Though made famous by his gold-medal 400-meter run at the 1924 Paris Olympics, Eric Liddell left an impact on more than just the sporting world. A missionary in China, he was interned at Weihsien Camp during World War II, where he spent the last years of his life devoting himself to the well-being of his fellow internees.
Eric Liddell: Athlete
Eric Henry Liddell was born on January 16, 1902, to Reverend and Mrs. James Dunlop Liddell, Scottish missionaries in China with the London Mission Society. At six years of age Eric was sent from China with his older brother to board at Eltham College, a school for missionary children, in England.
Eric and his brother grew up in Britain, joyfully reunited from time to time with their parents, sister, and younger brother during furloughs. Eric studied science at Edinburgh University, making time for rugby and running.
As the 1924 Olympics approached, Eric focused on his running. Though he trained for the 100 meter event, when he learned that it would be held on a Sunday, he withdrew, refusing to compromise his Sabbath, much to the consternation of his countrymen back home. He chose instead to speak at a church in Paris that Sunday, and to try for the 400 meters, not his best event.
He won the bronze in the 200, but his qualifying times for the 400 were less than promising. As soon as the race began, however, Eric sprinted past his competitors, crossing the finish line in a record 47.6 seconds, winning the gold, and earning himself the nickname “The Flying Scotsman” and instant world-wide recognition.
Such popularity notwithstanding, one October, 1924, edition of his university paper, The Student, noted that, “his modesty is entirely genuine and unaffected.” That was only one of many times Eric would be described this way.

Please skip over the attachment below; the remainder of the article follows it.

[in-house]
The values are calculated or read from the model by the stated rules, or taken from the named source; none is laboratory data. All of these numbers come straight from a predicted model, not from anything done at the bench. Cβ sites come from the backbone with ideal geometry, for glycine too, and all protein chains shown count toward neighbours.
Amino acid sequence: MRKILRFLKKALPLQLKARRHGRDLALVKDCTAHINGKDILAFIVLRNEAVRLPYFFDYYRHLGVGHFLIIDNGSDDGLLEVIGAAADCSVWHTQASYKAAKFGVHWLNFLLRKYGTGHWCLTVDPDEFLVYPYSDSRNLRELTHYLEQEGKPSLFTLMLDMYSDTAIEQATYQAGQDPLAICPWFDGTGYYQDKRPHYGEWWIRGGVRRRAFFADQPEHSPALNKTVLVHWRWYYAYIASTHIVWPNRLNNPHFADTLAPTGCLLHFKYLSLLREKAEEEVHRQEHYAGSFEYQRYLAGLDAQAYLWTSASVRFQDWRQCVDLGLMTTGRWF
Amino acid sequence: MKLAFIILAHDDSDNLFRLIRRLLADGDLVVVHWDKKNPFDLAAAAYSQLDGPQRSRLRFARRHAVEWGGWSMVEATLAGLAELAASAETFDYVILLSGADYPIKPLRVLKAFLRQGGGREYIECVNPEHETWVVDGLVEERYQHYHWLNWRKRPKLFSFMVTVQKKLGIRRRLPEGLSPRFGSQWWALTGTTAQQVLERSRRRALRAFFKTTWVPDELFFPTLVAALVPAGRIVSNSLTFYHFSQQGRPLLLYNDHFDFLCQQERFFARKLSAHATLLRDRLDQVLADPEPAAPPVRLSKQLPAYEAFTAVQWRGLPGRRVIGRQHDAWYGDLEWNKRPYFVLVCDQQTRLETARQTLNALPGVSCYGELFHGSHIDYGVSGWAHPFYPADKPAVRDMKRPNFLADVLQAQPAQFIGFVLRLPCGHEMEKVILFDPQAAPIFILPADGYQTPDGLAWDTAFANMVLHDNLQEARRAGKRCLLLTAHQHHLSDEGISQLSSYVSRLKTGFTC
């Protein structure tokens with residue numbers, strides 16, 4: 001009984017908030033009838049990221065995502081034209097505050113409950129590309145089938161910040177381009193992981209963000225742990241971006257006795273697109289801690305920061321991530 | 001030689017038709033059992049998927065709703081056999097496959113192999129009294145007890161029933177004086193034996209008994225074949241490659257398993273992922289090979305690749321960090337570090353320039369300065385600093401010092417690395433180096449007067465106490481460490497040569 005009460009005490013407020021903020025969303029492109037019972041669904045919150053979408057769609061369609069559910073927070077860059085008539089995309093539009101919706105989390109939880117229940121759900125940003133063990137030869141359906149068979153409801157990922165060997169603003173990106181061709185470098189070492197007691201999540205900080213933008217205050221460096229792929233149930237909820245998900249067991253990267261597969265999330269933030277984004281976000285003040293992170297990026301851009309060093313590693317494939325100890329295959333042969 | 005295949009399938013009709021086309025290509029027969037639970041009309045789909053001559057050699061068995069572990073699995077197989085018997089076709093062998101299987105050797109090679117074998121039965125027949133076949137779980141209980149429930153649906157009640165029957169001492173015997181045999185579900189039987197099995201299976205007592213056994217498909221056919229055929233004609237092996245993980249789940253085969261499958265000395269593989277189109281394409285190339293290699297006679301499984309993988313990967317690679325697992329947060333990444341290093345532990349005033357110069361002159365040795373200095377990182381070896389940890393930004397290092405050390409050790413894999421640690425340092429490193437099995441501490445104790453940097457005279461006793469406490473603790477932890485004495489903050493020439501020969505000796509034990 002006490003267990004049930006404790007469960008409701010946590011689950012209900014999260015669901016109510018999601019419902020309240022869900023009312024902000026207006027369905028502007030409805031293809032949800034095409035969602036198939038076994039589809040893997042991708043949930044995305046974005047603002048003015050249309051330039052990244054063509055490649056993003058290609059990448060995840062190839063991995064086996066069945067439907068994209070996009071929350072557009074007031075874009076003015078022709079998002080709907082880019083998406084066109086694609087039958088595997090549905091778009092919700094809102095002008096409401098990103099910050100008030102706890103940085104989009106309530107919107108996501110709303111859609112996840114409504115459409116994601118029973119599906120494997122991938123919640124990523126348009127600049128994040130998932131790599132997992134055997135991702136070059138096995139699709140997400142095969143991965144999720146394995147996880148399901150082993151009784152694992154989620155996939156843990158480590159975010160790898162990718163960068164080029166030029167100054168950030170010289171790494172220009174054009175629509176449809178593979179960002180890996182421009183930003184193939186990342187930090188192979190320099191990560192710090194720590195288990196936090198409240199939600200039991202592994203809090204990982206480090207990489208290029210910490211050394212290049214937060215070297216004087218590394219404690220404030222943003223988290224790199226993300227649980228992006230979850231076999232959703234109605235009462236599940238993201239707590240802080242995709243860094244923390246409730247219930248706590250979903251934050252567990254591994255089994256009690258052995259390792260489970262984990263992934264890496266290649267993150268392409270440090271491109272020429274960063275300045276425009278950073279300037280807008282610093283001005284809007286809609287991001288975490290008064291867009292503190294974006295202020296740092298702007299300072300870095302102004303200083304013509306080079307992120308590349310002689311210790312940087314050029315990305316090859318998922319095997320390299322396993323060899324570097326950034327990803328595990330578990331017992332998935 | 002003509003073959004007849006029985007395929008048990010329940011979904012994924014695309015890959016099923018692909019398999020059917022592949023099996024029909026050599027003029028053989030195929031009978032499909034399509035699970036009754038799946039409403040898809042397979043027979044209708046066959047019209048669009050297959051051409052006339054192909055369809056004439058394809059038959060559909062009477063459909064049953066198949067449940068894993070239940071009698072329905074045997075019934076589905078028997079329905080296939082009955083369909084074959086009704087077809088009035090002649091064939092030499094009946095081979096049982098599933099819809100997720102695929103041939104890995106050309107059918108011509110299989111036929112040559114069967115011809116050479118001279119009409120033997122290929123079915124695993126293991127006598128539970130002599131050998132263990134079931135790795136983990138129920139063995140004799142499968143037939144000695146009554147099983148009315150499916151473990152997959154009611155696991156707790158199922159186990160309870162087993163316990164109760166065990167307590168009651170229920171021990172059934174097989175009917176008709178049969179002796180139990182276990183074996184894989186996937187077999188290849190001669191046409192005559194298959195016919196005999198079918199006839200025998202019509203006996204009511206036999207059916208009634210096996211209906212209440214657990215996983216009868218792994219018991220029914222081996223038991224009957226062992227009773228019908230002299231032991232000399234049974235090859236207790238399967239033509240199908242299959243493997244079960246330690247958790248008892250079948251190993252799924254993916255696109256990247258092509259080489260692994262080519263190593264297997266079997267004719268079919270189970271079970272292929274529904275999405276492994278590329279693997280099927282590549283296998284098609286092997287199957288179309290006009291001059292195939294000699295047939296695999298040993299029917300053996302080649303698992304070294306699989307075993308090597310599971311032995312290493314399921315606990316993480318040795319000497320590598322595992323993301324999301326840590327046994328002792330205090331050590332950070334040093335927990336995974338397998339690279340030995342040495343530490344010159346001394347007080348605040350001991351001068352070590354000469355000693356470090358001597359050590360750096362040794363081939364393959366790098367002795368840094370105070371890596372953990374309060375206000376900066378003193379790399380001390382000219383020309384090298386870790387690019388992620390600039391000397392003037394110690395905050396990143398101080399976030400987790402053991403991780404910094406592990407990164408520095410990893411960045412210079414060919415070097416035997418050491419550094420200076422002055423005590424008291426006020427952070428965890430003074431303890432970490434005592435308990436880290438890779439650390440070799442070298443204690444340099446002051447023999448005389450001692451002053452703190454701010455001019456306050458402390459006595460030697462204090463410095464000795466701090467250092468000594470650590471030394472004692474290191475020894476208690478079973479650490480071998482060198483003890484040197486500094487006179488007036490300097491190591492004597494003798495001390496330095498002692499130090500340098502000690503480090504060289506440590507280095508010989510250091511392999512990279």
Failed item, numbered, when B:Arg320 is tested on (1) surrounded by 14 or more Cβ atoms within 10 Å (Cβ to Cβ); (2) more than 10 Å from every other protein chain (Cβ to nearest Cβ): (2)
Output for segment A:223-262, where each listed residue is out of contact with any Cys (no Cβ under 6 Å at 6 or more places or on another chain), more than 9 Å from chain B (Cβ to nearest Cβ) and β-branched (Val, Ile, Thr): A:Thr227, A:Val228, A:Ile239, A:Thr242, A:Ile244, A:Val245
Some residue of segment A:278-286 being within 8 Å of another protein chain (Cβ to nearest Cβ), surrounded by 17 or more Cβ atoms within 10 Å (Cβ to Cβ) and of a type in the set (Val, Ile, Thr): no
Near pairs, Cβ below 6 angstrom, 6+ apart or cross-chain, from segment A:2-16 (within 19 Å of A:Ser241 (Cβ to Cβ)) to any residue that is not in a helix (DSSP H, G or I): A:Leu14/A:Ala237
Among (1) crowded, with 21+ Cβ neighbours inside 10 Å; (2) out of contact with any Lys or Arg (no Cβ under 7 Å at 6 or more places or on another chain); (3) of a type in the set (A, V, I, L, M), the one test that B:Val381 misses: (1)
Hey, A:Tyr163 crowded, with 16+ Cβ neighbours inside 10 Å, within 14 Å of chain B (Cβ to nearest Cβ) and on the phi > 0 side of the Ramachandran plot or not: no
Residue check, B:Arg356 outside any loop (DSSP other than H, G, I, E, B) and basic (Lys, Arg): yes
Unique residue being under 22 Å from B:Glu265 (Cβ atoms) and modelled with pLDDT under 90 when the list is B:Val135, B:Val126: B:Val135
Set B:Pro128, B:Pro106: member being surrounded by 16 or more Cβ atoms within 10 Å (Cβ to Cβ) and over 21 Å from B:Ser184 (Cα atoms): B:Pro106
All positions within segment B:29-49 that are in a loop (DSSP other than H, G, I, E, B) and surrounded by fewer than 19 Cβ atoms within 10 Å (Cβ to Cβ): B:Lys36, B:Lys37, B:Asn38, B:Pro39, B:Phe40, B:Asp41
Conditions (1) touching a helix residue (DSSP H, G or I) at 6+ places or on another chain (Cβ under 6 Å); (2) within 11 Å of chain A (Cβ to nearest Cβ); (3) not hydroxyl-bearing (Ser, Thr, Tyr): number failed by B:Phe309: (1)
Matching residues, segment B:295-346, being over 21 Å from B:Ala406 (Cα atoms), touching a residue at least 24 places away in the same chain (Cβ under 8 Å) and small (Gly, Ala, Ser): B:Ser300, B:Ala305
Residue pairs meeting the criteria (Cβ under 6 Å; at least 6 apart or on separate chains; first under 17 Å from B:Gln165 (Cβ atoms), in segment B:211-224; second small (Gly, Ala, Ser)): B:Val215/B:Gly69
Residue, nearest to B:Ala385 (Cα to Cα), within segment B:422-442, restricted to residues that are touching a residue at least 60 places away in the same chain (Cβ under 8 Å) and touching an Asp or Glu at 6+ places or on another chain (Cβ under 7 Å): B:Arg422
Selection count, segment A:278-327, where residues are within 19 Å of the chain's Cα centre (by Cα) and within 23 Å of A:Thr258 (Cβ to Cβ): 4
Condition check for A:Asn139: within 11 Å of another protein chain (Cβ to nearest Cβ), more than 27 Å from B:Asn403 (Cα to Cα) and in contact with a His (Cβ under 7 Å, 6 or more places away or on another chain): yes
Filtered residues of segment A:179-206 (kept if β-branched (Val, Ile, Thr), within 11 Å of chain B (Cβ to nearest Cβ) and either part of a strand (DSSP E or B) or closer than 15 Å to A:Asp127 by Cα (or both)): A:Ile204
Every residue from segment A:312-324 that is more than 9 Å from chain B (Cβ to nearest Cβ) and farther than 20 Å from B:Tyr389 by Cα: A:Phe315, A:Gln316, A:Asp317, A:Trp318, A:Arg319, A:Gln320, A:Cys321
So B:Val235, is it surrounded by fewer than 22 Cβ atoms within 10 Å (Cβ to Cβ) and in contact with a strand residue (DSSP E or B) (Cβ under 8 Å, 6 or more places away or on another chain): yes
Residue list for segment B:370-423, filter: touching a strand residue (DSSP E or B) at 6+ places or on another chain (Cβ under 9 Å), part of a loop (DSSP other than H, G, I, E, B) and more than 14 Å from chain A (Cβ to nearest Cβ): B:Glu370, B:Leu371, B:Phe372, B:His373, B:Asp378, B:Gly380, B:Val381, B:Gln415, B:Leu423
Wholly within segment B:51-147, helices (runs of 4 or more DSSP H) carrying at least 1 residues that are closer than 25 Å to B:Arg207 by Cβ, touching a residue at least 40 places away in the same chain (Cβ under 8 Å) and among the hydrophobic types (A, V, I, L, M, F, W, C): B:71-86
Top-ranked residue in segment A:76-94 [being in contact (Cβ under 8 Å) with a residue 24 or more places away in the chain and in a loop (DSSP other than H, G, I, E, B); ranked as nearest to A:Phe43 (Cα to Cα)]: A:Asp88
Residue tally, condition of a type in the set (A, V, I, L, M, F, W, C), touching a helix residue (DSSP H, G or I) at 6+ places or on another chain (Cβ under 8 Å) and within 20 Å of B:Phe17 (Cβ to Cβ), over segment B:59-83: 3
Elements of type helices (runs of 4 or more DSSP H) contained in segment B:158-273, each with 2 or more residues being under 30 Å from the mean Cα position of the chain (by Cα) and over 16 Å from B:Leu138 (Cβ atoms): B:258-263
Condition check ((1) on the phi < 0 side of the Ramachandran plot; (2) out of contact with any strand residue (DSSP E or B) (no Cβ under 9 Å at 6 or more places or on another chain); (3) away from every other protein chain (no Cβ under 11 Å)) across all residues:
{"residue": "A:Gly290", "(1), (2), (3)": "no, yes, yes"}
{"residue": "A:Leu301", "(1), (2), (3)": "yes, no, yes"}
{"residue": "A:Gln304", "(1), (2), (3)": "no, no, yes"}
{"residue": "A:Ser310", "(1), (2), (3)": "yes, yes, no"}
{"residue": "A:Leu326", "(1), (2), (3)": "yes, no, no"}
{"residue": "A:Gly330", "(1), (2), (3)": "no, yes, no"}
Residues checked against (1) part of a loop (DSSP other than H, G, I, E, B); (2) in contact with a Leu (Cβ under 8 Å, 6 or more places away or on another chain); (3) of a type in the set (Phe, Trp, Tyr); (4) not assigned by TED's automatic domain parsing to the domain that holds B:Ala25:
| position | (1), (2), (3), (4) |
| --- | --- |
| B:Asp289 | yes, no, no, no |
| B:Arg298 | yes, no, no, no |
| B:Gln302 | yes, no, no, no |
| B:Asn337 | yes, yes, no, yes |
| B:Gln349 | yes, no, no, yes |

Eric Liddell: Missionary to China
In 1925, soon after Eric graduated from Edinburgh University, he returned to China as a missionary. He taught at a school in Tientsin where he fell in love with Florence MacKenzie, daughter of Canadian missionaries. He and Florence married in 1934.
In 1939 Eric left the school to work in a London Mission hospital in Siaochang, where fighting was especially intense between the Japanese and communist Chinese forces. He and his colleagues frequently risked their lives bringing aid to the wounded.
Florence was pregnant with their third daughter in 1941 when Eric asked her to take the girls and return to Canada. The Japanese had spread through much of China, and conditions were growing increasingly dangerous. The British government encouraged its nationals to leave, but Eric considered it his duty to stay behind.
Life in China became even riskier for Eric after war was declared between Japan and the allied nations. In 1943, Eric was taken by the Japanese and placed in the Weihsien Internment Camp.
Weihsien Internment Camp
Living at Weihsien was one trial after another: bedbugs and rats infested the sleeping areas; there was not enough food to go around; and malnutrition, disease, and mental breakdowns were prevalent.